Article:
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Nobody hopes to go turkey hunting in the wind. What we all want is a bright, crisp morning that dawns with birdsong, comfortable temps and, a tom sounding off from a nearby tree. Windy days mess with that ideal scenario in a variety of ways. They’re usually colder, which makes things less comfortable for us and often give turkeys a case of lock-jaw. To make matters worse, a stiff breeze also makes any toms that do want to gobble harder to hear.
It all begs the question: Do you even want to hunt turkeys on a windy day? And my answer is: Sure, if those are the cards you’re dealt. While the conditions are far from ideal, I’ve learned how to score on those days when the wind sways the treetops. Turkeys might not act as sparky on breezy days as they do on perfect mornings, but once you learn how wind affects turkey behavior and how to adjust your tactics accordingly, you’ll be right back in the game. Here’s how to go turkey hunting in the wind and punch your tag anyway.
How Wind Affects Turkey Behavior
One of the most miraculous things about turkeys to me is their ability to hang on to a roosting limb and ride out a windy night. How they get any “sleep” (if that’s truly what they’re doing up there) baffles me. But sleep (or at least rest) they must, because when dawn comes they pitch down and begin a new day like always. But during that windy day, they’re apt to behave a little differently.
Next to their eyesight, turkeys rely heavily on superior hearing to help them avoid and evade predators, and of course, heavy winds compromise that ability. To compensate, windy-day turkeys will often seek relief from wind the by feeding, strutting, and loafing in sheltered valleys and on the lee side of hills.
The other ploy that turkeys use on windy days seems counterintuitive; they head to fields and pastures. While this doesn’t give them any advantage in terms of hearing, the open expanses allow turkeys to use their eyes to spot predators or other threats. Hanging in the wide-open also allows birds to zero in on potential danger from a long ways off so they can take evasive action. I once watched a flock of 10 hens and three longbeards milling in a large alfalfa field one windy afternoon, the fans of the strutting toms blowing back and forth in a stiff breeze as the hens fed around them. Suddenly the once-content birds snapped their heads erect and, as if someone sounded an alert, the birds flushed almost in unison and sailed far overhead and across a broad valley. Minutes later I spotted a coyote, watching the flock disperse through the spring air. How long he’d been stalking the birds I couldn’t tell, but he had to look for a different protein source that day.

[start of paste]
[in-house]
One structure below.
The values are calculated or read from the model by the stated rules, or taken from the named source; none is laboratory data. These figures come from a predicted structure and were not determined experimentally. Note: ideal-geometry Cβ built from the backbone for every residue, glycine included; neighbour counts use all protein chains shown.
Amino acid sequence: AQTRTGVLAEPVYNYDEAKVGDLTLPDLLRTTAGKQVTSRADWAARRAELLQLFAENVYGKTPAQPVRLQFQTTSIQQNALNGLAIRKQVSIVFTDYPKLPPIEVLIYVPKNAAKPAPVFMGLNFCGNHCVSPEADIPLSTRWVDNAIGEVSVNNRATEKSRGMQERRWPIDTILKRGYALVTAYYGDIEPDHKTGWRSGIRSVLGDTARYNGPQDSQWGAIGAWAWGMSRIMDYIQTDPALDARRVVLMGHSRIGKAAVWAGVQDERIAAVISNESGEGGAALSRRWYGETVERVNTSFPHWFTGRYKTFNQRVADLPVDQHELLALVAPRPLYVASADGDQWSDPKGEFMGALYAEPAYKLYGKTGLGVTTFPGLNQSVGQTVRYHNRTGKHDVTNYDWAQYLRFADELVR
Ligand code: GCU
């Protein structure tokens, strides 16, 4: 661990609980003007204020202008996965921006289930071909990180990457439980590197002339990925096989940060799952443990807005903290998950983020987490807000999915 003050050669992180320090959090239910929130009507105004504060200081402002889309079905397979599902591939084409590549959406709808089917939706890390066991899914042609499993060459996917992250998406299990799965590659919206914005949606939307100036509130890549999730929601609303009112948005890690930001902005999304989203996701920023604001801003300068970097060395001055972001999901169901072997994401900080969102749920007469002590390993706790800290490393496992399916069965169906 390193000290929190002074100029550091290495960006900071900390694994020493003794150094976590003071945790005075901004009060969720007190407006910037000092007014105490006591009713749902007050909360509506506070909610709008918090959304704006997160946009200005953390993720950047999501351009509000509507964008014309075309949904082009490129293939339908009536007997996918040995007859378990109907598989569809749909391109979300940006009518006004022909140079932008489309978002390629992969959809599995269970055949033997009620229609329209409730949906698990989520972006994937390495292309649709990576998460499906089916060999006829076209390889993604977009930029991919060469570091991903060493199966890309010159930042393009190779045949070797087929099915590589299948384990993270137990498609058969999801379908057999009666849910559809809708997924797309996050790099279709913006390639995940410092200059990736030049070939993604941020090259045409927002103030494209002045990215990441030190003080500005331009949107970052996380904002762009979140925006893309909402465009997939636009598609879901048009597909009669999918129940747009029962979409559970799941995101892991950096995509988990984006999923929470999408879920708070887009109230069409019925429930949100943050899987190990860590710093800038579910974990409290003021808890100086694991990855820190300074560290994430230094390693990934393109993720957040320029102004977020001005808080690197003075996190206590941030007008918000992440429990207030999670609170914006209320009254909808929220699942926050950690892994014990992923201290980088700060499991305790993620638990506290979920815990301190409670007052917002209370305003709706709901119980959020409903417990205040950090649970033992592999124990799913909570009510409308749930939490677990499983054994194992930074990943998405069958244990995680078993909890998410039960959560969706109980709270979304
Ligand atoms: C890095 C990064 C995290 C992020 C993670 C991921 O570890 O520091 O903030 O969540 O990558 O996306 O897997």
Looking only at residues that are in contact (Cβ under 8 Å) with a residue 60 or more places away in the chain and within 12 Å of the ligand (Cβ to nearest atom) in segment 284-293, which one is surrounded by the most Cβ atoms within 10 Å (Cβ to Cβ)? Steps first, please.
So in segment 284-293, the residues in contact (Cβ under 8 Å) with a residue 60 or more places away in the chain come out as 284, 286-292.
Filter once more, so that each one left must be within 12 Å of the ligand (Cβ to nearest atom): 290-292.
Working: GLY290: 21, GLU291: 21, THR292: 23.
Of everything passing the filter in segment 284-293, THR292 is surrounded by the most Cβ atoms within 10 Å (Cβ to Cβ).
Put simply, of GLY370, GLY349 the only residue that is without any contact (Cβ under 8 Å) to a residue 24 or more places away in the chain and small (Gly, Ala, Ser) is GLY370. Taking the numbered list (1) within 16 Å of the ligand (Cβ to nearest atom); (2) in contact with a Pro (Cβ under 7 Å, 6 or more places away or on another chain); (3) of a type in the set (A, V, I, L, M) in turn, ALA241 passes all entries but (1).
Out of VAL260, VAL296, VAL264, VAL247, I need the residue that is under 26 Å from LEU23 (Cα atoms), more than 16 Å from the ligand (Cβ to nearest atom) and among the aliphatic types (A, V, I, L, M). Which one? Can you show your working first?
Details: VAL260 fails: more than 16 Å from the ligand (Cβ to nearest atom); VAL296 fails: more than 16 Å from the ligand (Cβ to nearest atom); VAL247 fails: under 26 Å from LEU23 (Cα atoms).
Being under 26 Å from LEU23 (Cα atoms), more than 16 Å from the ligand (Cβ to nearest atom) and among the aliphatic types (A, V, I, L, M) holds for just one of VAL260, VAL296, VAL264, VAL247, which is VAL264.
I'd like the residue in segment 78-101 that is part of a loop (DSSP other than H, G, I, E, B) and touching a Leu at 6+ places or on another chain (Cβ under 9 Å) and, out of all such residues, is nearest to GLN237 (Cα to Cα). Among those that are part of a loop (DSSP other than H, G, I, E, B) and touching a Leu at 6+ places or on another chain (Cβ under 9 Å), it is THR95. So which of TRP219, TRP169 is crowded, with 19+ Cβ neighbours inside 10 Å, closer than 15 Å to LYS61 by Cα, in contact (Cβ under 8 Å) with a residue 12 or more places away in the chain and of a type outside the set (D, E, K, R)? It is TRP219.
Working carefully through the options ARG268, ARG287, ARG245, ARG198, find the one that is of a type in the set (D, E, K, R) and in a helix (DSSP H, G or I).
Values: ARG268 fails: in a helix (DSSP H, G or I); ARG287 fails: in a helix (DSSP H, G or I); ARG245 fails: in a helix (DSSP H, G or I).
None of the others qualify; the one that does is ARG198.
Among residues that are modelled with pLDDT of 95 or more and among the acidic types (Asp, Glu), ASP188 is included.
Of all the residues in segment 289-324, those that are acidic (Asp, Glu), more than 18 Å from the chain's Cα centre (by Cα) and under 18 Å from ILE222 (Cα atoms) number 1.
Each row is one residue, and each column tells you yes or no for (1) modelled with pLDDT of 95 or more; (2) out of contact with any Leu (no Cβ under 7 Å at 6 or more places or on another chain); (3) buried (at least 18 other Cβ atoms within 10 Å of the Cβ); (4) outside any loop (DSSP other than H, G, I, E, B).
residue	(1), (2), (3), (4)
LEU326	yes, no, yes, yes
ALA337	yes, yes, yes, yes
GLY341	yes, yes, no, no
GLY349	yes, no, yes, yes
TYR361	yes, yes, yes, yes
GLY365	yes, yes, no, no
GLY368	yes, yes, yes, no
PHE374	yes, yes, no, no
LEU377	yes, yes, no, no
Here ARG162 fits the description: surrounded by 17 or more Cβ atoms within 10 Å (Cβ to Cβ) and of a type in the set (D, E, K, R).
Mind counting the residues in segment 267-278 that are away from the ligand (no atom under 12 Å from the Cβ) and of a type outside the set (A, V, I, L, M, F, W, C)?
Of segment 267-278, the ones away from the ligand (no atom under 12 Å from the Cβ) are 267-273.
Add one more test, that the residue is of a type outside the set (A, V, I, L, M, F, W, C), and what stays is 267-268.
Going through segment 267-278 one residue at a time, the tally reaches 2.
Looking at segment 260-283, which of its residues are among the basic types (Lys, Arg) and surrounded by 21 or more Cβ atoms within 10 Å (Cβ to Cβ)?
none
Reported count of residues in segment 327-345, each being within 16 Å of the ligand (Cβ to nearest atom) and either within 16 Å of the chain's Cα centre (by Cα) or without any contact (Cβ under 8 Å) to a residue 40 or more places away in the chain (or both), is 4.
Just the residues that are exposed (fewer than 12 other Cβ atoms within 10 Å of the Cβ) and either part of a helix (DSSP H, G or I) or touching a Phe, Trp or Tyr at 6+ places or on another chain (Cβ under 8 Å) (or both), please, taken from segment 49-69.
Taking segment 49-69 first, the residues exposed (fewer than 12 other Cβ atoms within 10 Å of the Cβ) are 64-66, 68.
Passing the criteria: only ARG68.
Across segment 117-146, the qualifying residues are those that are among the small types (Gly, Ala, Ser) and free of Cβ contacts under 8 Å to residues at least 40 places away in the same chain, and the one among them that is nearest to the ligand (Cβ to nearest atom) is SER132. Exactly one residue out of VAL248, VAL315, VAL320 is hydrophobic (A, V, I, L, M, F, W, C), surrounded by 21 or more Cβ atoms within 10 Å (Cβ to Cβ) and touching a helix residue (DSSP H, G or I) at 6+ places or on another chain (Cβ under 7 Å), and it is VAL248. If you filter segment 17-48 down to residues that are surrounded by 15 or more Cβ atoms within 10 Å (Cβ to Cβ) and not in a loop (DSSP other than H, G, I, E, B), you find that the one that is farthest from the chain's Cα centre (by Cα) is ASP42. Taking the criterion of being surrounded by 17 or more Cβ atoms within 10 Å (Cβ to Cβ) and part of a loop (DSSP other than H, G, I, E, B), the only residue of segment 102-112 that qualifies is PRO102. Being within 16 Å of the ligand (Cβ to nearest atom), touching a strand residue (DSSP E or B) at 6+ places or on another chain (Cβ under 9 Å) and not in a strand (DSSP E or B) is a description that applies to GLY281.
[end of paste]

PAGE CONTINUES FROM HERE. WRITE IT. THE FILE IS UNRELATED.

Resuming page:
It’s also worth noting that how much wind it takes to influence turkey behavior is a relative matter. On the prairies and plains, turkeys live with wind as a matter of routine; the Kansas rancher who’s let me hunt for years always jokes “If deer and turkeys had to wait for a calm day to be active out here, they’d never move.” Conversely, turkeys living in big-woods habitats seem to limit their movement when the wind kicks up. Of course, they don’t have the luxury of moving to fields and pastures like their open-country cousins, but they do seem to gravitate to stands of mature timber, where they can see better than in brushier habitat.
Adapting to Windy Day Turkeys
Any time I feel less than confident when faced with a windy day, I remember a Kansas hunt from a few years back. My buddy Tom and I had driven 12 hours to bow hunt the prairie birds of western Kansas and arrived on a day when it seemed nearly impossible to kill a gobbler. While the snow–which blew sideways in sheets for much of the morning—had ebbed a bit, the wind had no intention to give up the fight; it was double the grass and brush over, and causing the tops of ancient cottonwoods to sway so hard it seemed they’d snap.